Ronda Rousey: Whatever It Takes To Bring Attention To Women’s MMA
By Phil Lanides
Aside from the obvious differences, there are some definite similarities between pro wrestling and Mixed Martial Arts. Some fans enjoy both, some are fans of one or the other, and some that are fans of neither.
If pro wrestling does have an advantage over MMA, it lies in the fact that wrestling promoters can pick and choose who their winners are, and who they are going to build into superstars. In MMA, a lot of promotion can go into a particular fighter, but if he or she loses a few fights, that investment goes out the window.
MMA promoters and fighters could learn a thing or two from their spandex-wearing counterparts. Mostly, it has to do with building a persona. Wrestling fans care about wrestlers because they connect with their personality. Many in MMA have yet to learn how to leverage this. But there are a few who have.
Frank and Ken Shamrock were probably the first MMA fighters who learned how to build and promote personas and fights outside of the cage. Both knew who to utilize their interviews to make people want to watch them fight.
Over the years, other fighters such as Tito Ortiz perfected this. Whether his fight was the most action-packed on the card or not, “The Huntington Beach Bad Boy” made fans want to see him compete.
Recently, UFC middleweight title contender Chael Sonnen has taken this to an entirely new level. His comments have bordered on the delusional at times, but as a result, fans clamor to see him fight.
Women’s MMA has yet to produce a fighter who can captivate the audience based on her persona. Gina Carano is beautiful, and has carved out a solid niche, but she hasn’t competed since 2009, and has never been known for her interviews. Cyborg absolutely possesses the looks and fight skills to make herself a huge star, and has been the face of women’s MMA over the last couple years, but her recent positive steroid test has her status in limbo, and has left the title of top women’s fighter wide open.
Enter Ronda Rousey.
At seventeen years old, Rousey was the youngest Olympic competitor at the Games in Athens in 2004. In 2008, she again qualified for the Olympics, and this time took home the bronze medal, becoming the first American to win an Olympic medal in women’s judo since it became an Olympic sport in 1992. Utilizing this impressive athletic background, Rousey entered amateur MMA in 2010. She went 3-0 before turning pro.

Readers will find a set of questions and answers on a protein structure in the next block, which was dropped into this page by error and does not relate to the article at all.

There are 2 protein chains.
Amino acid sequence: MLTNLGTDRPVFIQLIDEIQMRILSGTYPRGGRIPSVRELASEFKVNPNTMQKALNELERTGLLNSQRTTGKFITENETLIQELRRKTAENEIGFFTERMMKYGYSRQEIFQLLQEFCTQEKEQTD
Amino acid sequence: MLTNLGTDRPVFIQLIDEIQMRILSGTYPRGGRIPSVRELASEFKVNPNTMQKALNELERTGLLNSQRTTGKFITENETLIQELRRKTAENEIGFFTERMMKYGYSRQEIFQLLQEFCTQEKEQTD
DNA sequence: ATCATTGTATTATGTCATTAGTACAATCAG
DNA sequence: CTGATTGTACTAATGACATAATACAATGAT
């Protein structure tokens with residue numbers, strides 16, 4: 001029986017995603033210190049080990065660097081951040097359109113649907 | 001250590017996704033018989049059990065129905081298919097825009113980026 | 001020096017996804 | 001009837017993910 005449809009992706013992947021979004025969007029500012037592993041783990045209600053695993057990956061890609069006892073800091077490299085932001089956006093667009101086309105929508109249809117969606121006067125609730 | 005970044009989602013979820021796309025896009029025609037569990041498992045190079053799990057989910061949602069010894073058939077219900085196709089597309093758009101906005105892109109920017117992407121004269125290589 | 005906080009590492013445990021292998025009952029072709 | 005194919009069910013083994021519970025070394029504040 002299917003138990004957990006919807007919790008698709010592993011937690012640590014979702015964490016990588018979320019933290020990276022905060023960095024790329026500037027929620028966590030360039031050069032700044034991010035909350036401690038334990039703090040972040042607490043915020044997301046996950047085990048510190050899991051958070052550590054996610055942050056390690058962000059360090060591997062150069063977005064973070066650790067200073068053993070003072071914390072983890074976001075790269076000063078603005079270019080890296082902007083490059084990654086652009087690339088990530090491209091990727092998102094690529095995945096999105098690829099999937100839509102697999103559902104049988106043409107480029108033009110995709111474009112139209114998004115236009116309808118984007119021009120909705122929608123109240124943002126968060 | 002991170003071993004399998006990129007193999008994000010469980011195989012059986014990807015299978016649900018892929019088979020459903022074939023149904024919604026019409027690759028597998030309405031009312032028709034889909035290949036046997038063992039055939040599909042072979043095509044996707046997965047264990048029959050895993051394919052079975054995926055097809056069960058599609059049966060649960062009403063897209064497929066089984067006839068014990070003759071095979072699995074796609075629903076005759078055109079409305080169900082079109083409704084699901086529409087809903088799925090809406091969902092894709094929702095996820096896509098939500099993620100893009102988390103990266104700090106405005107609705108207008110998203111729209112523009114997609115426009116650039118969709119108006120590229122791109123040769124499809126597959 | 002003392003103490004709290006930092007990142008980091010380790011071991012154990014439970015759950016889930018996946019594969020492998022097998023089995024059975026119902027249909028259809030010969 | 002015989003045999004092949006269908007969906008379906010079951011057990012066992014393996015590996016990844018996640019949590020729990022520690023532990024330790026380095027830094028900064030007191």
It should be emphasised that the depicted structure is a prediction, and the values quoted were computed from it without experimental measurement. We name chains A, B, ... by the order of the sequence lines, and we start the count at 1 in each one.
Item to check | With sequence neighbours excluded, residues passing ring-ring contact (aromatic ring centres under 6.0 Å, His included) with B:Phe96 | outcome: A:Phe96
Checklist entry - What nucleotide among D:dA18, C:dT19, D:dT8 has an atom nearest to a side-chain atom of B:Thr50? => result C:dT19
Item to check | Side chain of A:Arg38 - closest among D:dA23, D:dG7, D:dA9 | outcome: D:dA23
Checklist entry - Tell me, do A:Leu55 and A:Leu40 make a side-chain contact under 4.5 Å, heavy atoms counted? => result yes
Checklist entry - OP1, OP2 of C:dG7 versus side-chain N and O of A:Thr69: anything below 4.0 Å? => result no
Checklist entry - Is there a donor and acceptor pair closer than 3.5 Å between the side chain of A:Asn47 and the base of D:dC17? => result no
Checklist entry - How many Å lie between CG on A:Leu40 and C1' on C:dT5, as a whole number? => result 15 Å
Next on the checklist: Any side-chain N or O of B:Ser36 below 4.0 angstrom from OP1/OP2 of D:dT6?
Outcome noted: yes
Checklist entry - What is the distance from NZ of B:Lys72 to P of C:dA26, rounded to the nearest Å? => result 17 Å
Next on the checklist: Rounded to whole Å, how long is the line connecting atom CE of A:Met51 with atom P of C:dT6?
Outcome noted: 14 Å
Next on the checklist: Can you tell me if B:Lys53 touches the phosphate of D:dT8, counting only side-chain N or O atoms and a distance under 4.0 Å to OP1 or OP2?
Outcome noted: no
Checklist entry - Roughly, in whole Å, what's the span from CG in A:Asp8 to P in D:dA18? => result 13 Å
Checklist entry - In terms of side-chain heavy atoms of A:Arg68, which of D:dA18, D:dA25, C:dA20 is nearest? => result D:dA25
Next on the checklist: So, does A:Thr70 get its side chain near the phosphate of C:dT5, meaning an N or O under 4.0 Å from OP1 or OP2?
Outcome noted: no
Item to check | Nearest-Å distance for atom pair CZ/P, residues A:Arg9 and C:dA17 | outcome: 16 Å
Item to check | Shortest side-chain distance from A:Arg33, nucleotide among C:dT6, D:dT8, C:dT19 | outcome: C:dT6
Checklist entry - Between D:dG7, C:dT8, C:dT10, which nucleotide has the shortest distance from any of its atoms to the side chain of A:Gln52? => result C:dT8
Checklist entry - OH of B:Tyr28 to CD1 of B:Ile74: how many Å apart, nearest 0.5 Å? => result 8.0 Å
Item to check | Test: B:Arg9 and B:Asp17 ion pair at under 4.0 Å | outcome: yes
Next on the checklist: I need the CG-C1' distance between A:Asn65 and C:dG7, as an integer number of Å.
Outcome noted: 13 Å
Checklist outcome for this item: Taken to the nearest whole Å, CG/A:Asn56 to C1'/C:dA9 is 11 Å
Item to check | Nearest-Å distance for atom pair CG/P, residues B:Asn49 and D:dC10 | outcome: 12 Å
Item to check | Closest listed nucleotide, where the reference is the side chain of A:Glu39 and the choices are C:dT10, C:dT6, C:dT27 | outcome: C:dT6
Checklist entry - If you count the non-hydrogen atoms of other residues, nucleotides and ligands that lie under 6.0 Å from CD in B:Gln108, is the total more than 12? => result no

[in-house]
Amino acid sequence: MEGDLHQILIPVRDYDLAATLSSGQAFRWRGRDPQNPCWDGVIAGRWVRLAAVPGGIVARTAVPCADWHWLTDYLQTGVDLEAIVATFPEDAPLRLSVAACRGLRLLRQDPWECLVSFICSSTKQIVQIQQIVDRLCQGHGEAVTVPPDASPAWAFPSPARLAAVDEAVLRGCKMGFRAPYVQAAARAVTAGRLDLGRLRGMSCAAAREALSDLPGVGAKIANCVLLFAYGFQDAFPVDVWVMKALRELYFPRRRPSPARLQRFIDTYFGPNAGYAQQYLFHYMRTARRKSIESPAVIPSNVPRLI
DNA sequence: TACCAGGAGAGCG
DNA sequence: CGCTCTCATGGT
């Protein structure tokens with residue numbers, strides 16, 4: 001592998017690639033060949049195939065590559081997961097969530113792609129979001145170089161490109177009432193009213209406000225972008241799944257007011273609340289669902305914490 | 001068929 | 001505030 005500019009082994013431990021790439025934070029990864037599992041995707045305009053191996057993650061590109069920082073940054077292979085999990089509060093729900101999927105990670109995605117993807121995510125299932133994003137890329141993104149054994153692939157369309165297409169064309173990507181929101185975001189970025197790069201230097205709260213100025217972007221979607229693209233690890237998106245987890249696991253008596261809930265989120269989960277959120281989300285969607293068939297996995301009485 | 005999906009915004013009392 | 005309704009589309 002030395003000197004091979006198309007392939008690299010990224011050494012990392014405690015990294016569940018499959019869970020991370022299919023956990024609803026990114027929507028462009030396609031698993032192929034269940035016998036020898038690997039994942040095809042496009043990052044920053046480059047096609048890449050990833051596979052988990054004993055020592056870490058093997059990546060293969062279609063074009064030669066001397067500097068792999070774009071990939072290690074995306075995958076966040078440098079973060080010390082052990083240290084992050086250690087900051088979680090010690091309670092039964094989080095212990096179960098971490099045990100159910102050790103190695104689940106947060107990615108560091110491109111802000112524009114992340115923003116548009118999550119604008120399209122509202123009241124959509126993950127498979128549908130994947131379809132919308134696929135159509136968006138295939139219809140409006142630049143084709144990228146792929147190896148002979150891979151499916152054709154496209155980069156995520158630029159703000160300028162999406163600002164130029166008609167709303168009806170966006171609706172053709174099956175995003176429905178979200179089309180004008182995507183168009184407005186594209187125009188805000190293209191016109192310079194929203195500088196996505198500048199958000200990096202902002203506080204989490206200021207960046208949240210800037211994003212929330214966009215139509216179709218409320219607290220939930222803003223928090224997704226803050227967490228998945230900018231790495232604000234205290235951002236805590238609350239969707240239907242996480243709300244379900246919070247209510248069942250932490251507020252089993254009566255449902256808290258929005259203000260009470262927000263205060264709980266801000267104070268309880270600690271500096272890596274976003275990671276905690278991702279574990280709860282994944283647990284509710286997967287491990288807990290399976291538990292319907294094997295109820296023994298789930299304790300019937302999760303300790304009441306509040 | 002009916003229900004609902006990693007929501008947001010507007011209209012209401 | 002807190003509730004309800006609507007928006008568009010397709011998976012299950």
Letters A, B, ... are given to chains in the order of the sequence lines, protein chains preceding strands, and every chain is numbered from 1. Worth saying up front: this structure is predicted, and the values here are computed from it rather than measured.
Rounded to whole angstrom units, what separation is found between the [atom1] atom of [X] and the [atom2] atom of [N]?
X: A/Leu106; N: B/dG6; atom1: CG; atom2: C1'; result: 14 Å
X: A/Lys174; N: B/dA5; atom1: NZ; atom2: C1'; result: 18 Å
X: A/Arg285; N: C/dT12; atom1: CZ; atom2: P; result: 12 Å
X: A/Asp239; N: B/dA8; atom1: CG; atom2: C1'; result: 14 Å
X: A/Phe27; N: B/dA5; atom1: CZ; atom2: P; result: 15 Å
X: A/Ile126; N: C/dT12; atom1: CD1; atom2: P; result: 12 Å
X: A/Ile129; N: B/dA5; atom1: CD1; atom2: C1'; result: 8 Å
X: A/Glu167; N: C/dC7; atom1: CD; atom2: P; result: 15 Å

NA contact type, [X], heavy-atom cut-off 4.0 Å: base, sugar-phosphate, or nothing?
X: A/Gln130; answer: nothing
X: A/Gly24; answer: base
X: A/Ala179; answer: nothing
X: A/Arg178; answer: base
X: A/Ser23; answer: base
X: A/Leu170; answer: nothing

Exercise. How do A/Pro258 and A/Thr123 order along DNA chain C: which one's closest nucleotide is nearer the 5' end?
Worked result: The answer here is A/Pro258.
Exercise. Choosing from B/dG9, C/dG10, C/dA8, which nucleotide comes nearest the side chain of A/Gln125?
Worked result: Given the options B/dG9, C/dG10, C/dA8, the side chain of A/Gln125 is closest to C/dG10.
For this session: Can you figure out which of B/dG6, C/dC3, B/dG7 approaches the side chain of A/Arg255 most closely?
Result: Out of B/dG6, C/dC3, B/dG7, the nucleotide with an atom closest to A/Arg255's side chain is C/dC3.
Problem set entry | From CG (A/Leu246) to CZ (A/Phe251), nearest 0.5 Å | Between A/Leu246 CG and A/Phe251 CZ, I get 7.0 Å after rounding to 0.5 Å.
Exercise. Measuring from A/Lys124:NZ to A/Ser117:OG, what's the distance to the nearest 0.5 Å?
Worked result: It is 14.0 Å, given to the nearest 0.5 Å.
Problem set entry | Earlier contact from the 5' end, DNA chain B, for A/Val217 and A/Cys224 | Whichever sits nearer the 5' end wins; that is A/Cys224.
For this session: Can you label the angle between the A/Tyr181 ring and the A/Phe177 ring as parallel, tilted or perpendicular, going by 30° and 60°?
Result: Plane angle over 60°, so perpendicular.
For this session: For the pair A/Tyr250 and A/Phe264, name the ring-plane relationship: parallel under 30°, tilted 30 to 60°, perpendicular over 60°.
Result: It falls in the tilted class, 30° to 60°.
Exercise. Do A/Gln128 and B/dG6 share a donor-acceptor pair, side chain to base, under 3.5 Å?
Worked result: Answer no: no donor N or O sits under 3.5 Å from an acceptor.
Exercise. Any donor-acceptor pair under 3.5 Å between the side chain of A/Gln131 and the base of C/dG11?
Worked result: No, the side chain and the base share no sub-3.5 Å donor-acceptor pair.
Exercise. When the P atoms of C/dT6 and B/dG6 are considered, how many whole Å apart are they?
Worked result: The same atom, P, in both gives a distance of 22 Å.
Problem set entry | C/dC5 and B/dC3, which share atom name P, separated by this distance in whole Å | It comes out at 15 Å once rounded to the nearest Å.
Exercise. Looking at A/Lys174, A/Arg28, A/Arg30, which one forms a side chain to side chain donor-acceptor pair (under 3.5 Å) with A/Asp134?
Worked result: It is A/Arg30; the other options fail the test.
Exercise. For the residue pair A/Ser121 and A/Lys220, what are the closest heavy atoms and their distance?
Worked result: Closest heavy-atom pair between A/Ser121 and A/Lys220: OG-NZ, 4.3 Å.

Rousey, undefeated as a pro at 4-0, brought something new with her to the professional ranks: trash talk in women’s MMA. In fact, some have stated that the judo expert talked her way into her title fight with Strikeforce Women’s Bantamweight Champion Miesha Tate, rather than earning it with her actions inside the cage. Some MMA pundits have also questioned her verbal approach to her fights, as Rousey has not been shy in engaging in verbal attacks against her opponents. And she doesn’t apologize.
“A year ago, I was working three jobs and struggling to train,” says Rousey. “I realized I didn’t want to sit around for a few more years doing this, being polite, saying ‘please’ and ‘thanks’ and bowing and all that. If giving more entertaining interviews than some of the other girls helps me, then I’m going to do that.”
And that’s just what she’s done.
In promotion of the Tate-Rousey bout, things have become quite personal between the competitors. It’s not something seen all that often in women’s MMA.
Yet, its personal rivalries that have helped carry the sport of MMA to new heights in times past. Shamrock-Ortiz, Liddell-Ortiz, Sylvia-Arlovski, “Rampage”-Silva, Sonnen-Silva, Edgar-Penn, Edgar-Maynard…the list goes on and on.
Can Tate-Rousey be the first great multi-fight rivalry for women’s MMA? Will both respond to the pressure and deliver a top-flight fight on Saturday, March 3rd at the Nationwide Arena in Columbus, Ohio?
Regardless of the outcome, Rousey and Tate have already taken the promotion of a women’s fight to another level. And that bodes well for the future of the sport.